“Good” Bacteria Show Promise, in Mouse Model, for Clinical Treatment of Crohn’s Disease, Ulcerative Colitis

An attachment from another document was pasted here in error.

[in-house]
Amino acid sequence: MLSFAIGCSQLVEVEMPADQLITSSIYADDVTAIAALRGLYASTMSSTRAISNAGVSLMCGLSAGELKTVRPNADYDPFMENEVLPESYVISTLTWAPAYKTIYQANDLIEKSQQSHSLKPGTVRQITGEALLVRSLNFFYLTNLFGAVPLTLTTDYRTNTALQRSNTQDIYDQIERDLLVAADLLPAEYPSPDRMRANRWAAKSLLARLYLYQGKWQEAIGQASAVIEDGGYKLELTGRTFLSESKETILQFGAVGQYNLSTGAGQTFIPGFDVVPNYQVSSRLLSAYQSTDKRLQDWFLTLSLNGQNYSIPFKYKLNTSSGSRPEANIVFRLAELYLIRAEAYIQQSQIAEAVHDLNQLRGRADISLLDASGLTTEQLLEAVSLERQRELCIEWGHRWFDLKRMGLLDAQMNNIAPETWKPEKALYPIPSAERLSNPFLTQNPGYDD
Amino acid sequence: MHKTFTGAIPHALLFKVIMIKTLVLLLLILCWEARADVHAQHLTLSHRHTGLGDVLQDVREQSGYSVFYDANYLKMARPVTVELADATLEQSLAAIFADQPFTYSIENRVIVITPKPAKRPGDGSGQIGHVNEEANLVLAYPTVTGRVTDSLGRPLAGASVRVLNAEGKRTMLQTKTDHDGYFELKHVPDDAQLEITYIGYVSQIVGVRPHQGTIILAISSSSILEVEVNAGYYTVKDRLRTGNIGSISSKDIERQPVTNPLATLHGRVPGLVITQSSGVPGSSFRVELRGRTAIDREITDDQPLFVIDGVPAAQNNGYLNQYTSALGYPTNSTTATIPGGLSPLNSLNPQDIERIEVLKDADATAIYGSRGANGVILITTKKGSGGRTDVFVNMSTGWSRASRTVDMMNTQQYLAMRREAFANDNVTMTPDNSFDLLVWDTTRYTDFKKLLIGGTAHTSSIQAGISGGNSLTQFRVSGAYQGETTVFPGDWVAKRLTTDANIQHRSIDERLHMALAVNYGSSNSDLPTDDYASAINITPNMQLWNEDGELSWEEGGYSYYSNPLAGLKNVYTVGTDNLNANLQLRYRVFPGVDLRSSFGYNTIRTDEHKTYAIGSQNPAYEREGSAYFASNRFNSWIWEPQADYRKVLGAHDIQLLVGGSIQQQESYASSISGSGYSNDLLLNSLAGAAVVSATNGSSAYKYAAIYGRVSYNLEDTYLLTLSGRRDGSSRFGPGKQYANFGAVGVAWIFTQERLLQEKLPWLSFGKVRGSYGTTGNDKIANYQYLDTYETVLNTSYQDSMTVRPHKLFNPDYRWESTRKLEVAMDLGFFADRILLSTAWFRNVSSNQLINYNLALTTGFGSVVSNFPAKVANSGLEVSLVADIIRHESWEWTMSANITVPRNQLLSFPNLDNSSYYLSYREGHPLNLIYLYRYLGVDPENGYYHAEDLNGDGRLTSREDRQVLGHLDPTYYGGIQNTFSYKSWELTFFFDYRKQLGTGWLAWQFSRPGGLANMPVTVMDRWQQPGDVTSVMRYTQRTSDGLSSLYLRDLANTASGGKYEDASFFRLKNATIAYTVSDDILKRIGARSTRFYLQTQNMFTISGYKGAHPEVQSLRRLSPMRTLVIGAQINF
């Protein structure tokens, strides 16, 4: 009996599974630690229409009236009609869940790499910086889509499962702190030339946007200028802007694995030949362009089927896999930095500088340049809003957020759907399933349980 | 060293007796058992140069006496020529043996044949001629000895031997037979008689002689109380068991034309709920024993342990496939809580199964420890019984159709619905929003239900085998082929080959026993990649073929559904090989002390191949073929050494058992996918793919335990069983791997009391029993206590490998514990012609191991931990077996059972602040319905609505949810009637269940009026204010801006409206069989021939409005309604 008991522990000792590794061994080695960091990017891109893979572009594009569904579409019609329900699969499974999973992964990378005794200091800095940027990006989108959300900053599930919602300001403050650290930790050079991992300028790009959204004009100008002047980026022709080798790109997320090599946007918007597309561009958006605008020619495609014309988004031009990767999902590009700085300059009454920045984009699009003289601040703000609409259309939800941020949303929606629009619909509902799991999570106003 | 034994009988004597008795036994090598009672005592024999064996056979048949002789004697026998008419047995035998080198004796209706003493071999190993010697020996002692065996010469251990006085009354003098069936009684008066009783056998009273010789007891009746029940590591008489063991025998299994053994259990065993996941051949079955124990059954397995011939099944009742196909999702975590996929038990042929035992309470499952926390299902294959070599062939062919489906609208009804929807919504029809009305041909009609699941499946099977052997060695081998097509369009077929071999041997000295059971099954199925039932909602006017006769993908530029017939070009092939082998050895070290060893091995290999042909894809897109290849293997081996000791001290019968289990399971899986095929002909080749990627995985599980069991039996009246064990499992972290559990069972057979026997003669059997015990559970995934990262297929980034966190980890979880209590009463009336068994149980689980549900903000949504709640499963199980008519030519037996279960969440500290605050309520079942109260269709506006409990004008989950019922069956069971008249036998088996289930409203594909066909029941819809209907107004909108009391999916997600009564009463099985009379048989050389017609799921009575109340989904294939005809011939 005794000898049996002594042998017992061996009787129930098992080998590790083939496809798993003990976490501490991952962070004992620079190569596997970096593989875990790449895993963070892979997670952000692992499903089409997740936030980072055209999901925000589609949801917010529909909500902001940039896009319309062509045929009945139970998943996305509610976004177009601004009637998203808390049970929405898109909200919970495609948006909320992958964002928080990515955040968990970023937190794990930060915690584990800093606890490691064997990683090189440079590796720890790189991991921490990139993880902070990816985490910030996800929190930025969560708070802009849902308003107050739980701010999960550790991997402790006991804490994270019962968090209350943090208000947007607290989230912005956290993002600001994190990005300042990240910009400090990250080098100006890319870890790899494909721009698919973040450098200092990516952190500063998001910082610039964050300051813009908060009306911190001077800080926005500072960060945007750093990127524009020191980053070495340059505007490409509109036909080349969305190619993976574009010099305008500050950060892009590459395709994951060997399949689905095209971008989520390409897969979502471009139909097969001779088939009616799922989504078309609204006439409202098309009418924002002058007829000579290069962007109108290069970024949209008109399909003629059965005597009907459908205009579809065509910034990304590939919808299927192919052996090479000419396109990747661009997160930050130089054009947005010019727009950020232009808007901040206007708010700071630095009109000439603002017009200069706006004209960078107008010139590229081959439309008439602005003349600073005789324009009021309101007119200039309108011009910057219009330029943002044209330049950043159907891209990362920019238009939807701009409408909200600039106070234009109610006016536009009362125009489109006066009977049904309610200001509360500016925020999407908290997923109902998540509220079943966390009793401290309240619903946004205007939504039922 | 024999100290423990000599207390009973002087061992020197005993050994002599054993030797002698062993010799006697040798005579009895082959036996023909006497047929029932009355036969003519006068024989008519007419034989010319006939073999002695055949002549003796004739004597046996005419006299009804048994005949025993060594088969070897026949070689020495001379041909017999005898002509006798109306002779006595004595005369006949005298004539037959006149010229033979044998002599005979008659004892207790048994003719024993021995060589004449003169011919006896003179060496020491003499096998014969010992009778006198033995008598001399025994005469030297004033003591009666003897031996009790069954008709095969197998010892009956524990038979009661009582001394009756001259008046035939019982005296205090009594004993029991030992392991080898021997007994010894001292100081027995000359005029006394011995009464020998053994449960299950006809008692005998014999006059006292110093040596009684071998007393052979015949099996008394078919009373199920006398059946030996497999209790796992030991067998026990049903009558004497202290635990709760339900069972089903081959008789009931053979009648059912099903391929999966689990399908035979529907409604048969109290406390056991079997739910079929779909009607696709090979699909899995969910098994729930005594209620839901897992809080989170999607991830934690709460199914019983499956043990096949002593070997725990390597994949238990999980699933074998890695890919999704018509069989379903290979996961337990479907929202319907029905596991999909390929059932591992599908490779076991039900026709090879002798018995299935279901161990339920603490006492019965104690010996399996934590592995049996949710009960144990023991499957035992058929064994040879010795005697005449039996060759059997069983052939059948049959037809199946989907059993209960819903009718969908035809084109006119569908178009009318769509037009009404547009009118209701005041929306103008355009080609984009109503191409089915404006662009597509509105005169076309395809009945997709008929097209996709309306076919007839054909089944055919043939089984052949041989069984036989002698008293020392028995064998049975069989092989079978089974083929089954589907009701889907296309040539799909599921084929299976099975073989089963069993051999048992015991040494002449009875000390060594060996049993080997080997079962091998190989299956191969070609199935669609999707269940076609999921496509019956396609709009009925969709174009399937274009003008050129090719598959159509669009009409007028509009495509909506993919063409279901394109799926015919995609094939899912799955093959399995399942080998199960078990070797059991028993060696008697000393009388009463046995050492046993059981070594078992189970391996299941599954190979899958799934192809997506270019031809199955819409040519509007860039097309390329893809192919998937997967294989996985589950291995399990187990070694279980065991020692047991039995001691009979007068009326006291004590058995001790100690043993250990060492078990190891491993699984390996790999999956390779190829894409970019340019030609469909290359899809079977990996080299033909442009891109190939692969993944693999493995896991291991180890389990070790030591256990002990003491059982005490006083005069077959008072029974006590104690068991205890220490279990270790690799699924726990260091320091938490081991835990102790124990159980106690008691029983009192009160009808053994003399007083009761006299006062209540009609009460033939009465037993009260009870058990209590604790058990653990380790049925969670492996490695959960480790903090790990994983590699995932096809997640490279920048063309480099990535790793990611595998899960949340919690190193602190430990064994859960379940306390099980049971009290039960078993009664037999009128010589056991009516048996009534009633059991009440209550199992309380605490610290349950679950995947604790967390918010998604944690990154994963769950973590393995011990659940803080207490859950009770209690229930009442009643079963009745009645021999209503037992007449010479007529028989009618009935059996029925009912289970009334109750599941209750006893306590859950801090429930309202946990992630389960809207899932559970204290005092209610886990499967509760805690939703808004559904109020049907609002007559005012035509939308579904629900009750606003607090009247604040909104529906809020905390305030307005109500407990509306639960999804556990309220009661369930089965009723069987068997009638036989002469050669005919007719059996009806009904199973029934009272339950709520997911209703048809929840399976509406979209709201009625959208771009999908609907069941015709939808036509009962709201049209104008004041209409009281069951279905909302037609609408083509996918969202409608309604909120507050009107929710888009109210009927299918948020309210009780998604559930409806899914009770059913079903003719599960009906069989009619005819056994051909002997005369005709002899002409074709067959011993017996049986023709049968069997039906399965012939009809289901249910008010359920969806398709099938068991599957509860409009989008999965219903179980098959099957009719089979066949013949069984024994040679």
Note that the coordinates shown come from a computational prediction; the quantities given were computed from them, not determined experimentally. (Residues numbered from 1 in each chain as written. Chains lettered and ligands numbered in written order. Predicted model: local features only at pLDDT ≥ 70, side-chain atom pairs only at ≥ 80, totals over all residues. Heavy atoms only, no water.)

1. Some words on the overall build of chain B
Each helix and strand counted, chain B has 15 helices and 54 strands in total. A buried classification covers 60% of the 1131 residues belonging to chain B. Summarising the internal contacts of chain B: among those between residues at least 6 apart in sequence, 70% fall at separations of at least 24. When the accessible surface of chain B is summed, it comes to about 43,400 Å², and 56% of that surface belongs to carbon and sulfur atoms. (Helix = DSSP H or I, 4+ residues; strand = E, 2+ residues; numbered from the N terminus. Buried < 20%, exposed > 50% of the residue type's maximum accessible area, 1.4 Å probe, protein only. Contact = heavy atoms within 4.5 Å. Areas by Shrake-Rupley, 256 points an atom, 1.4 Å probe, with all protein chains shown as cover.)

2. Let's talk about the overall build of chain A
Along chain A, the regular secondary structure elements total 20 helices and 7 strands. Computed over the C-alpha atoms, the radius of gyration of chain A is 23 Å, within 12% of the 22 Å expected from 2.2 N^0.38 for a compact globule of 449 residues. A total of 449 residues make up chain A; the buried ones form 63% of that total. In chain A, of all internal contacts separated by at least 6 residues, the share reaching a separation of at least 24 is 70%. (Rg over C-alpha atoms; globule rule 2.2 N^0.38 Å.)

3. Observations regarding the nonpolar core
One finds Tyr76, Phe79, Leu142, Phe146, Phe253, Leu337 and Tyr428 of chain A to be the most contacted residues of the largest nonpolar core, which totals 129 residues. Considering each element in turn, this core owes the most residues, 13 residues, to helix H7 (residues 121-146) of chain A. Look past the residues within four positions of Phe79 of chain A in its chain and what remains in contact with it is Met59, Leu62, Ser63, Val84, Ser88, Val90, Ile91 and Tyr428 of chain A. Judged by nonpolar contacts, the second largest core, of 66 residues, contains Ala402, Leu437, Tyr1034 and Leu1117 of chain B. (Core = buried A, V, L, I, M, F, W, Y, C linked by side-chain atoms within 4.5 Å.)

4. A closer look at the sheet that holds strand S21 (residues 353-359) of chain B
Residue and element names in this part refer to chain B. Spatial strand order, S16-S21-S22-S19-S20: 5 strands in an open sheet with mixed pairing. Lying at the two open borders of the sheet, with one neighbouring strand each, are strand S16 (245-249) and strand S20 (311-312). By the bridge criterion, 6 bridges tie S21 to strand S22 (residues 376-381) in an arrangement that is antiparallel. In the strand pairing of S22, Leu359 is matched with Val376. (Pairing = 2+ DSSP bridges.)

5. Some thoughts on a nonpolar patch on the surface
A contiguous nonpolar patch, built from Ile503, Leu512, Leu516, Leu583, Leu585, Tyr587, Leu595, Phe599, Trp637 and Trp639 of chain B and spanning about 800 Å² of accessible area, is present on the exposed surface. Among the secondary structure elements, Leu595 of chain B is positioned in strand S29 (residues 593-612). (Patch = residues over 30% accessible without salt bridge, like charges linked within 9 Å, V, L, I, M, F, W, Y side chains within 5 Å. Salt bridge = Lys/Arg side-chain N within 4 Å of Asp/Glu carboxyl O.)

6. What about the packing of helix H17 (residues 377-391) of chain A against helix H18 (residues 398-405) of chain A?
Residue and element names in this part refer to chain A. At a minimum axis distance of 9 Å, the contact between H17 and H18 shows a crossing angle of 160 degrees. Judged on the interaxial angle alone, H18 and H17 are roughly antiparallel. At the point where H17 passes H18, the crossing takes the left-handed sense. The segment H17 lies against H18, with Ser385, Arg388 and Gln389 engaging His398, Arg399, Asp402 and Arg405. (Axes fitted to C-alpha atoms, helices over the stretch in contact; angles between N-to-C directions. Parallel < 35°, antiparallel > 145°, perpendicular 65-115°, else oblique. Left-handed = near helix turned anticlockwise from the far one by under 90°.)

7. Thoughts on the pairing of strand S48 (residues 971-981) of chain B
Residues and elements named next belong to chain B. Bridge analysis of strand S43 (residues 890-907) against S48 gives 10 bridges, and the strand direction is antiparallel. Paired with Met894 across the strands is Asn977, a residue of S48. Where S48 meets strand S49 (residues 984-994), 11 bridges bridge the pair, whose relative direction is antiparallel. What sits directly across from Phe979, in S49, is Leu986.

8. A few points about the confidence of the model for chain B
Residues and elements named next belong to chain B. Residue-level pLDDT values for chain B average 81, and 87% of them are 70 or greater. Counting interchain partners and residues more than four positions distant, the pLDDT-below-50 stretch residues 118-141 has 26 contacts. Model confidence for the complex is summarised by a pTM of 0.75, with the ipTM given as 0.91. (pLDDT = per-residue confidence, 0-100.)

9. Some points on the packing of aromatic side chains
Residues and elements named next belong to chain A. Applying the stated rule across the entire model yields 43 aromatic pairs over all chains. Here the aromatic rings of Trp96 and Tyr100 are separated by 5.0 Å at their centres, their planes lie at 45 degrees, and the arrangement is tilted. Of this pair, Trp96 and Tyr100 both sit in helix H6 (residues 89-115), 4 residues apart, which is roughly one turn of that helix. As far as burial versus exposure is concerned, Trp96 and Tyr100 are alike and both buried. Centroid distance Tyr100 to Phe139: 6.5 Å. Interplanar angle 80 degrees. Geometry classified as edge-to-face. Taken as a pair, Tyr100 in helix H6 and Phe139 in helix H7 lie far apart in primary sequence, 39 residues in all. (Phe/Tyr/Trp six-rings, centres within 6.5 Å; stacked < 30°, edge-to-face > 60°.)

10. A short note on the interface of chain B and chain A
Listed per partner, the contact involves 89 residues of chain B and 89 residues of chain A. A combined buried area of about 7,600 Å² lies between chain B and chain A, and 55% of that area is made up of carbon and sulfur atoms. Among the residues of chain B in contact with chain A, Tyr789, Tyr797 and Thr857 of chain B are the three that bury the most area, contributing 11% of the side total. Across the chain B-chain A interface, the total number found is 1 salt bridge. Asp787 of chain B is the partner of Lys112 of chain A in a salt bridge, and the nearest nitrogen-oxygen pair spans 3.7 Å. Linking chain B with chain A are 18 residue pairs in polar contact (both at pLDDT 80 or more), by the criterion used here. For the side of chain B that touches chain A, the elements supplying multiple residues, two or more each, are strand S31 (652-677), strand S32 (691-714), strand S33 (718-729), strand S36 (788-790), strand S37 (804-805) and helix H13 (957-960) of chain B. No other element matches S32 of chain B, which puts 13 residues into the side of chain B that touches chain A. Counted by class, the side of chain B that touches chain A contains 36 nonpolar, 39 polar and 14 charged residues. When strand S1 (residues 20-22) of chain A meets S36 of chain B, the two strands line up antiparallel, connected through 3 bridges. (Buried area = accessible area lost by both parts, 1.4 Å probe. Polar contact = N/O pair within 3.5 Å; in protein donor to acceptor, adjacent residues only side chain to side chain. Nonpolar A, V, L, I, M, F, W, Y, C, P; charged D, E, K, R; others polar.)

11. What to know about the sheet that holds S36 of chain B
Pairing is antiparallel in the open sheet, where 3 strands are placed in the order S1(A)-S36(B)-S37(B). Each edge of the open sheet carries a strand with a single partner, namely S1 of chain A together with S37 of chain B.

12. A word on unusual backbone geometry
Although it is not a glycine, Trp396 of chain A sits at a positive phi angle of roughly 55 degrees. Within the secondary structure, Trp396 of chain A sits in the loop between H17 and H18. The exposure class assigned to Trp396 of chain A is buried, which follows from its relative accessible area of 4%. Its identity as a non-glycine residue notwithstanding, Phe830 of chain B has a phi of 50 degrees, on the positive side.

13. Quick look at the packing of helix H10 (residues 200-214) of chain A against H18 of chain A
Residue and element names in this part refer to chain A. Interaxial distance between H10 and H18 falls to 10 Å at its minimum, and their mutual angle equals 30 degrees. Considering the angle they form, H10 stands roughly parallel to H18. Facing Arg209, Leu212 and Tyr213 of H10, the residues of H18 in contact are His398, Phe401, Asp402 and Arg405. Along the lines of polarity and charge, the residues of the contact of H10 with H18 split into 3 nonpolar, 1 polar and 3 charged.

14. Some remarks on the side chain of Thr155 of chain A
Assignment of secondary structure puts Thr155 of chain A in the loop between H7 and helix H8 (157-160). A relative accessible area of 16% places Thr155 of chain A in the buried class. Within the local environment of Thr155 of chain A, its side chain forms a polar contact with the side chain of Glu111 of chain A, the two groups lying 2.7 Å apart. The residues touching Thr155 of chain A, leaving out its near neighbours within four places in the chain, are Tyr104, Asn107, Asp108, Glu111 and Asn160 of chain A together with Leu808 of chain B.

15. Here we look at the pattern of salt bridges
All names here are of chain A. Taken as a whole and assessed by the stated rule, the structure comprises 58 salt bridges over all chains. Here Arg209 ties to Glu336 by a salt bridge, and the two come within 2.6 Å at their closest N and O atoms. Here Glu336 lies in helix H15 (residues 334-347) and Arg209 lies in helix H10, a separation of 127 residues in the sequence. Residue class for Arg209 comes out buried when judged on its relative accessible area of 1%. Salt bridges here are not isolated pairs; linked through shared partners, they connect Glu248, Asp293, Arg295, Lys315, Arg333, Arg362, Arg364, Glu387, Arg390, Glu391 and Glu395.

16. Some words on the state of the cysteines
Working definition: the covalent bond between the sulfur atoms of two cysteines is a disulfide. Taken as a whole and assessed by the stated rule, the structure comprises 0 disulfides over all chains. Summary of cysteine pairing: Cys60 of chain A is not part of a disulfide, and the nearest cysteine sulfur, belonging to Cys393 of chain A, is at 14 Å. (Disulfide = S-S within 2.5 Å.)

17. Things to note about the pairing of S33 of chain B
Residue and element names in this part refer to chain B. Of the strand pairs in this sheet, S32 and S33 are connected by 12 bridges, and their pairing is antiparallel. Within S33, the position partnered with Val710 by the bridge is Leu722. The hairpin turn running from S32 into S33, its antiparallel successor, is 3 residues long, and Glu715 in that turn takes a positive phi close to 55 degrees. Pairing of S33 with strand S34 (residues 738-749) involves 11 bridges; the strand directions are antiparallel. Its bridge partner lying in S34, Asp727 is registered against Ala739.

A new study published online on May 28, 2021 in Nature Communications demonstrates that a consortium of bacteria that live in the digestive tracts of healthy individuals and designed to complement missing or under-represented functions in the imbalanced microbiome of inflammatory bowel disease (IBD) patients, was successful in preventing and treating chronic immune-mediated colitis in humanized mouse models. The open-access article is titled “Rationally Designed Bacterial Consortia to Treat Chronic Immune-Mediated Colitis and Restore Intestinal Homeostasis.” The study's senior author, Balfour Sartor, MD, Midget Distinguished Professor of Medicine, Microbiology, and Immunology, Co-Director of the University of North Carolina (UNC) Multidisciplinary IBD Center, said the results are encouraging for future use treating Crohn's disease and ulcerative colitis patients. "The idea with this treatment is to restore the normal function of the protective bacteria in the gut, targeting the source of IBD, instead of treating its symptoms with traditional immunosuppressants that can cause side effects like infections or tumors," Dr. Sartor said.
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